In This Review

Mrs. Thatcher's Revolution: The Ending Of The Socialist Era
Mrs. Thatcher's Revolution: The Ending Of The Socialist Era
By Peter Jenkins
Harvard University Press, 1988, 417 pp.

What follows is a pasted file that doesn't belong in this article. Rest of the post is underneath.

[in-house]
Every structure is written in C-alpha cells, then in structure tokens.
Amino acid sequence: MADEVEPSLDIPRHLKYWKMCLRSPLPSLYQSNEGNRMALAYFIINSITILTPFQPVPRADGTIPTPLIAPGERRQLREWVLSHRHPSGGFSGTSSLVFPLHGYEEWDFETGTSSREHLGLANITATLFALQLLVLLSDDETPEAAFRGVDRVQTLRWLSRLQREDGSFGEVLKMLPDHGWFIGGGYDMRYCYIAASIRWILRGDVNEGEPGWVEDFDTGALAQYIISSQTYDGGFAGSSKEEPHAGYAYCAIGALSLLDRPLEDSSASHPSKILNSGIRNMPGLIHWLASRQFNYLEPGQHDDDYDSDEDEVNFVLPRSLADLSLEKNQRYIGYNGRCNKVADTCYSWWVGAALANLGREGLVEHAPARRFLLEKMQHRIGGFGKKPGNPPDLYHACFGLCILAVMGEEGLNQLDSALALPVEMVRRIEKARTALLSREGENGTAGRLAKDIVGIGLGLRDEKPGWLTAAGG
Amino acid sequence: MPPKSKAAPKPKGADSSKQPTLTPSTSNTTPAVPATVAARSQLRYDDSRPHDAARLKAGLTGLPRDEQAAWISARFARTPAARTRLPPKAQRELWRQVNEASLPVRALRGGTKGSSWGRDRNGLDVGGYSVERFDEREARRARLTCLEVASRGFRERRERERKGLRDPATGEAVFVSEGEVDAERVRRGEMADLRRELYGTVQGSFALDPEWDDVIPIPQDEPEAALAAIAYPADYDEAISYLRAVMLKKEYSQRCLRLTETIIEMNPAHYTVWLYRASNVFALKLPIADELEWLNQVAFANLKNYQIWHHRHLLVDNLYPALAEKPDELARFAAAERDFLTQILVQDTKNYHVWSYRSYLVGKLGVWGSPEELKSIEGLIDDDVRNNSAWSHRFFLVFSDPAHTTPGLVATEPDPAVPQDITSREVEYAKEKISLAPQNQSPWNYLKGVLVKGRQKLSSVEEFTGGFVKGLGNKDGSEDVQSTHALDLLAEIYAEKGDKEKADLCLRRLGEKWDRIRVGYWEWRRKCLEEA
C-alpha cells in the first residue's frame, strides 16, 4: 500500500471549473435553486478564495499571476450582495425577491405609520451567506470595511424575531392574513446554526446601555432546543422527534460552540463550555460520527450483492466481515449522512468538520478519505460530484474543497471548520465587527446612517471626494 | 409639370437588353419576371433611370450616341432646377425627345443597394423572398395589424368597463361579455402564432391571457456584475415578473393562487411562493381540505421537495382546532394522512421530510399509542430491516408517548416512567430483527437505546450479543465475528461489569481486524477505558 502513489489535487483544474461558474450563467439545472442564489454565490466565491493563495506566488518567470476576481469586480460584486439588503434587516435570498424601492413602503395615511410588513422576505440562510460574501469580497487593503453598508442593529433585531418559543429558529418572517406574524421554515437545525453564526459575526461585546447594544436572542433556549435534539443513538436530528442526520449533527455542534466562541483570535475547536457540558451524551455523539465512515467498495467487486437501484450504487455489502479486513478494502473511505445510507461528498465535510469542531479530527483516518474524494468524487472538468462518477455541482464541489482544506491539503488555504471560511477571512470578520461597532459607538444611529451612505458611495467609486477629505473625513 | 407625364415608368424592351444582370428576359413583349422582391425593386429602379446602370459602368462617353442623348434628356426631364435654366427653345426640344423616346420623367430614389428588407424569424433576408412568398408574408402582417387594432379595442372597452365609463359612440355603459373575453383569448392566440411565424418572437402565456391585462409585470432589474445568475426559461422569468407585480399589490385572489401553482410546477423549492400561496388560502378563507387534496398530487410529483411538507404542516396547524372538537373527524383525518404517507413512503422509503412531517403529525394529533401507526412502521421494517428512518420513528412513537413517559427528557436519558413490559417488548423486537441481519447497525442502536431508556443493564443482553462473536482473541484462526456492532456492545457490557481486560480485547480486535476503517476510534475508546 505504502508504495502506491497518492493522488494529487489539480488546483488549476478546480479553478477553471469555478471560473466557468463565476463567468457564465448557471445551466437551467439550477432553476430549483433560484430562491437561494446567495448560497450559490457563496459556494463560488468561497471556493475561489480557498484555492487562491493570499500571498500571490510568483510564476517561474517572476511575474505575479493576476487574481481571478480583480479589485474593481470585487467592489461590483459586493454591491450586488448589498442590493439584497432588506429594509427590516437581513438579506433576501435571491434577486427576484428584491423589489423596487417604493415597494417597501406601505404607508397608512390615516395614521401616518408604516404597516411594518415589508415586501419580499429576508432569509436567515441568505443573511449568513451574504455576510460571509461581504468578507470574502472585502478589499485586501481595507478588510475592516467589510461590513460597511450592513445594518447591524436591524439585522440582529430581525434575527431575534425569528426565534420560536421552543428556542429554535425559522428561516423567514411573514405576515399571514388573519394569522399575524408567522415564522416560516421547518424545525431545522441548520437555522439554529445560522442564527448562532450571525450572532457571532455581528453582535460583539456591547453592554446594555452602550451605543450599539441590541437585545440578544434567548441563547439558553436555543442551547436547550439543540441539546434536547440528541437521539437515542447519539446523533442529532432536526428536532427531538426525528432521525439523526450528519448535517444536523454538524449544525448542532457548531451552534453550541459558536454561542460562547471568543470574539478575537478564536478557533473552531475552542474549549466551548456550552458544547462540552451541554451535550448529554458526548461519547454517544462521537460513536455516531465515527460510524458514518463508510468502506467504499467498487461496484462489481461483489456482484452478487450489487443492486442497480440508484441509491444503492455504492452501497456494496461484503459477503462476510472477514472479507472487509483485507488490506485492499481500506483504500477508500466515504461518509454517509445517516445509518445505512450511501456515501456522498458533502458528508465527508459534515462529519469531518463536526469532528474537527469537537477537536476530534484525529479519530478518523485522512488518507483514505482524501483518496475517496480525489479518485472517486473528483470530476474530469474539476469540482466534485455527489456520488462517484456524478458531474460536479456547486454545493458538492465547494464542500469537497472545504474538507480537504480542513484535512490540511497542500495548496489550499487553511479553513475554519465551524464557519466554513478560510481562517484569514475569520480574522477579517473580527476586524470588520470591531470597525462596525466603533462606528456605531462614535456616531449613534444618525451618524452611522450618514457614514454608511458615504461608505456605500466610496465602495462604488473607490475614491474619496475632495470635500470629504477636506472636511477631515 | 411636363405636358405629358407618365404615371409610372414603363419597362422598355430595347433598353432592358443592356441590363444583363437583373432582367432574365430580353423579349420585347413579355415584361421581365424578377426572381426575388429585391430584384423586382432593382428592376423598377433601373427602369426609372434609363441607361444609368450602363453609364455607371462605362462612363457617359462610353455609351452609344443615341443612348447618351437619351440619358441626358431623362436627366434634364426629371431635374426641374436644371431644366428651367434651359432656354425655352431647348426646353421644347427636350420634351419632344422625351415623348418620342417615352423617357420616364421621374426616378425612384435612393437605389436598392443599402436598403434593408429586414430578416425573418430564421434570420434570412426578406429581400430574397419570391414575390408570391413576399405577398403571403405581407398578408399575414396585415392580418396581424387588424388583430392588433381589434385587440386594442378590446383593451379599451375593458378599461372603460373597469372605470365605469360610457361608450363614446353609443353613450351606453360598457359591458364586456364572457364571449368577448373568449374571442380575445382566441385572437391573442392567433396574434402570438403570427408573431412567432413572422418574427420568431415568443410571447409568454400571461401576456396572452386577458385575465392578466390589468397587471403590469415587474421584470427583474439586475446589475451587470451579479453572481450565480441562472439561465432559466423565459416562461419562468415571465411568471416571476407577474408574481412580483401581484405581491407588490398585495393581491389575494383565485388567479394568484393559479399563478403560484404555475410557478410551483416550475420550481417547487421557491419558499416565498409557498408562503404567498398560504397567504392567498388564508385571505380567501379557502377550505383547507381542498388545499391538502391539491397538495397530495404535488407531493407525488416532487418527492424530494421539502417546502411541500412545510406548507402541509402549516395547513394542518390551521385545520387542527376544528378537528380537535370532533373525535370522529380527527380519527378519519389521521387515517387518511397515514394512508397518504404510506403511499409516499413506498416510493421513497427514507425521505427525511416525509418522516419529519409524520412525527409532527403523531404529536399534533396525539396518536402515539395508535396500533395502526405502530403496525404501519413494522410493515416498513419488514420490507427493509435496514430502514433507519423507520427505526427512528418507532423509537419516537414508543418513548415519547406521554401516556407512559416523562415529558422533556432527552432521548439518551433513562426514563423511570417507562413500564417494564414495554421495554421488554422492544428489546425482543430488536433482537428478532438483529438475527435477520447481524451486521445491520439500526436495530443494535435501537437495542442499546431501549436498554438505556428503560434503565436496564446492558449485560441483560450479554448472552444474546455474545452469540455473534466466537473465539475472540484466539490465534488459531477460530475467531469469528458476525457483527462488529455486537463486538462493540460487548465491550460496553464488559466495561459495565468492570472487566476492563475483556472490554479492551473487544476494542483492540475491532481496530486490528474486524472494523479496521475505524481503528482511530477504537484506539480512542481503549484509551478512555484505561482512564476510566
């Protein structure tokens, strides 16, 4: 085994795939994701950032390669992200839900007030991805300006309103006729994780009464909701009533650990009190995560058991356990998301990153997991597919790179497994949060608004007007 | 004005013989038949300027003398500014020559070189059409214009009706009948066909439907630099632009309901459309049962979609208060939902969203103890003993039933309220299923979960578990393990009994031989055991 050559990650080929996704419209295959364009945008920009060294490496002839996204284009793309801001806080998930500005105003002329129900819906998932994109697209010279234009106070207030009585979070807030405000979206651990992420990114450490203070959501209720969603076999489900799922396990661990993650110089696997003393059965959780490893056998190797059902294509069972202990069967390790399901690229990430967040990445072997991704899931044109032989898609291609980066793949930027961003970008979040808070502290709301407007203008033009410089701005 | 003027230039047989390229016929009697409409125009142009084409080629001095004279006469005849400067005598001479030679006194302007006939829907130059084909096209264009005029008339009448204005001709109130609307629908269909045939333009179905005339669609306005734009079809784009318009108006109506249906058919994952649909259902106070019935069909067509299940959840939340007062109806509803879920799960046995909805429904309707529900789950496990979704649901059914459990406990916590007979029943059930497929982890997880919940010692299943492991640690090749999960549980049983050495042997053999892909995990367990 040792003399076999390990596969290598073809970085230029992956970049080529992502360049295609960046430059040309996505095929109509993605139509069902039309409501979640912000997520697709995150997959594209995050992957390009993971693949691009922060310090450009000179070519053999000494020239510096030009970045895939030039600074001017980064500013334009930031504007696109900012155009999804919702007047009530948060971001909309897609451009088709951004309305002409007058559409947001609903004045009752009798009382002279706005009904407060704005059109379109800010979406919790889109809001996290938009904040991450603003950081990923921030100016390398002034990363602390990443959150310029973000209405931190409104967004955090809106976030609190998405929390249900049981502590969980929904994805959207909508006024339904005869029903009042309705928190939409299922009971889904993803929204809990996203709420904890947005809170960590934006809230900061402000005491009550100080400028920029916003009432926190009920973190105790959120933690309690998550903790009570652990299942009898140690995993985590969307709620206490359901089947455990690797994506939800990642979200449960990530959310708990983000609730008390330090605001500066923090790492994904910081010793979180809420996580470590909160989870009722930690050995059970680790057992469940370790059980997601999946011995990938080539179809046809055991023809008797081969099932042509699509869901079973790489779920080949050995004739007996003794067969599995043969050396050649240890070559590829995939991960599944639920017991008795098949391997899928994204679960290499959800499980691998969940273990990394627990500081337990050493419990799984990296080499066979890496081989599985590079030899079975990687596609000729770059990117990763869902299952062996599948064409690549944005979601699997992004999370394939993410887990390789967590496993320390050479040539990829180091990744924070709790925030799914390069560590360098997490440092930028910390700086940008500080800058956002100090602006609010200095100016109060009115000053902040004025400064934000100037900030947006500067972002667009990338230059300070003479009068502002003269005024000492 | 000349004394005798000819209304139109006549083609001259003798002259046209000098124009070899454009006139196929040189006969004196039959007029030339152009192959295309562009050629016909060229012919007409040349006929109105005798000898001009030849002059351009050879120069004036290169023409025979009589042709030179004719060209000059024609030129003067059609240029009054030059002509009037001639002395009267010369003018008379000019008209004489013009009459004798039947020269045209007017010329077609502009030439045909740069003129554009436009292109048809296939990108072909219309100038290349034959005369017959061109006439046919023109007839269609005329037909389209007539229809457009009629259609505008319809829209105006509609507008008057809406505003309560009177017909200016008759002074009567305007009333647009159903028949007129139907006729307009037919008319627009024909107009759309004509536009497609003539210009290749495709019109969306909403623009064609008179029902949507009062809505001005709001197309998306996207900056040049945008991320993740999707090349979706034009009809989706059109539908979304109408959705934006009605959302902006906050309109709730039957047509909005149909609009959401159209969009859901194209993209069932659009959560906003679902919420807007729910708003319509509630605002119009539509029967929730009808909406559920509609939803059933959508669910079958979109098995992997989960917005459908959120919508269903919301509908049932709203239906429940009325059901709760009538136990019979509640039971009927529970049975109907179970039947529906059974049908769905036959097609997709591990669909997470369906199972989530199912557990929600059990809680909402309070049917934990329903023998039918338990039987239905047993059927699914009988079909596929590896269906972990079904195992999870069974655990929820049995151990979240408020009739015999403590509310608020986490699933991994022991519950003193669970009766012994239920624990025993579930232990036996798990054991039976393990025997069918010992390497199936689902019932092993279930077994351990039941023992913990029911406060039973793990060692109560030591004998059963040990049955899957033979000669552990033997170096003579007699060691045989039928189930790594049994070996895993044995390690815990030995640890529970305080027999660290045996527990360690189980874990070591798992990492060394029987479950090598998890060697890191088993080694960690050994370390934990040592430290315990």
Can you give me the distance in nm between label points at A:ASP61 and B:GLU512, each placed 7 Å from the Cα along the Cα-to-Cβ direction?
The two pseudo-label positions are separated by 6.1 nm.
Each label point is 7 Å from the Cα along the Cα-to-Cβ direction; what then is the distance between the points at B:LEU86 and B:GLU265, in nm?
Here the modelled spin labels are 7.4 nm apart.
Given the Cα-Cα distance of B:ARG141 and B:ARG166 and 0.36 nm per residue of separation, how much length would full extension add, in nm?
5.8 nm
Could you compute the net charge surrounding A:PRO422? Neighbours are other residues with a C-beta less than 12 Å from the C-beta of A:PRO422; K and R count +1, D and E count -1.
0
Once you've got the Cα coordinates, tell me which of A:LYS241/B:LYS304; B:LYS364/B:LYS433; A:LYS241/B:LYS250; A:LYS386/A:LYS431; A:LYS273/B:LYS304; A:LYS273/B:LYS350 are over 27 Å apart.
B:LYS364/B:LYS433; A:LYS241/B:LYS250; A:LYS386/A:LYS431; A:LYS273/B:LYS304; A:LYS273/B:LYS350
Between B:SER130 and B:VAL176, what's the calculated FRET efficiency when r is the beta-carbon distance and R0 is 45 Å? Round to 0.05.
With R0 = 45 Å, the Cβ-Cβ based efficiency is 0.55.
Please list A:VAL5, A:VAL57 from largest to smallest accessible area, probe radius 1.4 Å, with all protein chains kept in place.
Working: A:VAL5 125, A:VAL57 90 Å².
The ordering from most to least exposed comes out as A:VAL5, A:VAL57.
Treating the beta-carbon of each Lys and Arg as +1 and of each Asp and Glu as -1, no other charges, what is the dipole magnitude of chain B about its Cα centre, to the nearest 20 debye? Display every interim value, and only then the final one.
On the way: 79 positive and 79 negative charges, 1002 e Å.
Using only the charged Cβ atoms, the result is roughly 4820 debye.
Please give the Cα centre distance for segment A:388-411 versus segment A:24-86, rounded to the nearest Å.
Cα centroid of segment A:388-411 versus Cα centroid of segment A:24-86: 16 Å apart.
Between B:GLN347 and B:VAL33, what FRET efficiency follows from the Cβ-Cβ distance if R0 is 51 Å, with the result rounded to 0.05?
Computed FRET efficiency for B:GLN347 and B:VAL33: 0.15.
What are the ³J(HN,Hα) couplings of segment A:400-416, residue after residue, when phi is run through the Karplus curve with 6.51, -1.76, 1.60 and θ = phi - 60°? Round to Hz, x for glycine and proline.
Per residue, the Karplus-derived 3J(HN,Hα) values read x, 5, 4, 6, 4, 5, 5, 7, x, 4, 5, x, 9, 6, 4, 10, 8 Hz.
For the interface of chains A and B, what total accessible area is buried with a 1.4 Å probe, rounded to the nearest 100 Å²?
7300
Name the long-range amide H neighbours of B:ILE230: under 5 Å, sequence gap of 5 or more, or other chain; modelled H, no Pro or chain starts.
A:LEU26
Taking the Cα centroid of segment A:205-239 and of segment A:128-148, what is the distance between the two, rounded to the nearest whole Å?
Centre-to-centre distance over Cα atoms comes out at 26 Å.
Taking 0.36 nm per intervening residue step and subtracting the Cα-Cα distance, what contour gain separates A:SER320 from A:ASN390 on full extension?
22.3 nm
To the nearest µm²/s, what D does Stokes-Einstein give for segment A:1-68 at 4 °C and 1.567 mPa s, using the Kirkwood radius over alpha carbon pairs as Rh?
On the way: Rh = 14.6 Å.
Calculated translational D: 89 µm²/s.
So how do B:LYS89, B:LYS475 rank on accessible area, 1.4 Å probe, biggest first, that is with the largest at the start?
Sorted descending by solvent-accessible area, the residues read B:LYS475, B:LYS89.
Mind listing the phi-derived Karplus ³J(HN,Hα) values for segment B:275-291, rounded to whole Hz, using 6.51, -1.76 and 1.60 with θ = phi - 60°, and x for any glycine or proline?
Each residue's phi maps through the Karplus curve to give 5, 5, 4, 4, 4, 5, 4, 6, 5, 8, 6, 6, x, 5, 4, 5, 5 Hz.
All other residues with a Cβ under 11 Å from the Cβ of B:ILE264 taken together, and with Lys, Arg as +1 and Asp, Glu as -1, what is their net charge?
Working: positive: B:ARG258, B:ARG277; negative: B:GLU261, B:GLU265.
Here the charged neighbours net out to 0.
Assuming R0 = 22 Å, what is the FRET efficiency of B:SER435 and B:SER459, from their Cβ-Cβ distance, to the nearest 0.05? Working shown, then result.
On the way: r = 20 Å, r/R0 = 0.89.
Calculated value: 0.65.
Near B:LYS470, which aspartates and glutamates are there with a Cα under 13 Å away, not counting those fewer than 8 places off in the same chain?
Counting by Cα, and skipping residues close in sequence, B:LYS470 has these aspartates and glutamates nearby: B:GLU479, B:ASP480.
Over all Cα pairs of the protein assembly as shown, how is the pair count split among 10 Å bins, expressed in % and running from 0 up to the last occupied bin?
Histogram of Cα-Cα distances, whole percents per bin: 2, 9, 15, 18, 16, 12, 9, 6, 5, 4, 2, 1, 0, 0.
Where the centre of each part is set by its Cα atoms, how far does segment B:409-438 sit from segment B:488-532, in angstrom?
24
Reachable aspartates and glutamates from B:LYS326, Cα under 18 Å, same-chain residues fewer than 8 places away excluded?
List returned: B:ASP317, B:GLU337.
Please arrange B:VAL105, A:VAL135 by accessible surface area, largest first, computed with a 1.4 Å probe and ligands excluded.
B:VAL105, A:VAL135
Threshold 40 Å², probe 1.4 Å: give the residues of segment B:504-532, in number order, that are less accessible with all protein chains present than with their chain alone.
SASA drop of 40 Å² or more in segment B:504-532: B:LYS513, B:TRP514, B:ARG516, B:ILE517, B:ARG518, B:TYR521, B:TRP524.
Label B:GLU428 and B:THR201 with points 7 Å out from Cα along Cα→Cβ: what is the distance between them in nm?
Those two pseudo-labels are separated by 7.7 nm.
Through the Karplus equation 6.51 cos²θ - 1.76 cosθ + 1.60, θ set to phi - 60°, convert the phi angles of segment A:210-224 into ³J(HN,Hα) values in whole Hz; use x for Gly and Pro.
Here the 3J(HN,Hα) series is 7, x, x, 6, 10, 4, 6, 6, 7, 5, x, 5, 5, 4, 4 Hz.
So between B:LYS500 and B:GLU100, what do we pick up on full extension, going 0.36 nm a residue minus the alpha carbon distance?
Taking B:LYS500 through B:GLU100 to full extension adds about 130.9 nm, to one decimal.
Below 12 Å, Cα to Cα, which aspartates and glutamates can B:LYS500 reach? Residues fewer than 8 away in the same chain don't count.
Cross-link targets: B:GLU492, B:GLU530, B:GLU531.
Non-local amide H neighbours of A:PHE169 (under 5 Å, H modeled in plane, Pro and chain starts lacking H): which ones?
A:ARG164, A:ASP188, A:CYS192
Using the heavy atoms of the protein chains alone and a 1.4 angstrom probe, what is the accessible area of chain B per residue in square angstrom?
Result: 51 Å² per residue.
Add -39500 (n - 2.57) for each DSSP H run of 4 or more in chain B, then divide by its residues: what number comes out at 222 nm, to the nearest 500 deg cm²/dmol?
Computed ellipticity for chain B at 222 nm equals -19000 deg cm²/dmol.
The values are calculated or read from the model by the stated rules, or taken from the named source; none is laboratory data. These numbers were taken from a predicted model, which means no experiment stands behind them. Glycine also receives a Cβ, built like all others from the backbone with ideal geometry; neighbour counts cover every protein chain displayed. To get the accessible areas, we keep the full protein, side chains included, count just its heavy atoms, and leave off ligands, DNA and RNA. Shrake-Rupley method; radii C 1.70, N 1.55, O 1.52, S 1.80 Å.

A brilliant study, by one of Britain's best-known commentators, of the Iron Lady ("ambition, in small-town girls and boys, is . . . a demonic force") and her "conviction politics." He sets her rule in the context of changes in British society, emphasizing that she benefited from the perceived malaise of the 1970s, from the recognized decline in the British economy, which she insisted was at bottom the result of a moral failing. Labour suffered from the social changes that gave the Tories and Thatcherism their chance. An analysis of the aims, achievements and great costs of the Thatcherite Revolution ("it is a revolution in half of Britain"), of her self-defined mission to "kill socialism." The book is enlivened by Jenkins' flair for depicting people: "For all the cant about politics being about issues, politics is more fun when it is about people." Full of biting asides, such as Mrs. Thatcher's remark about Reagan, whom she likes and admires: "Poor dear, there's nothing between his ears."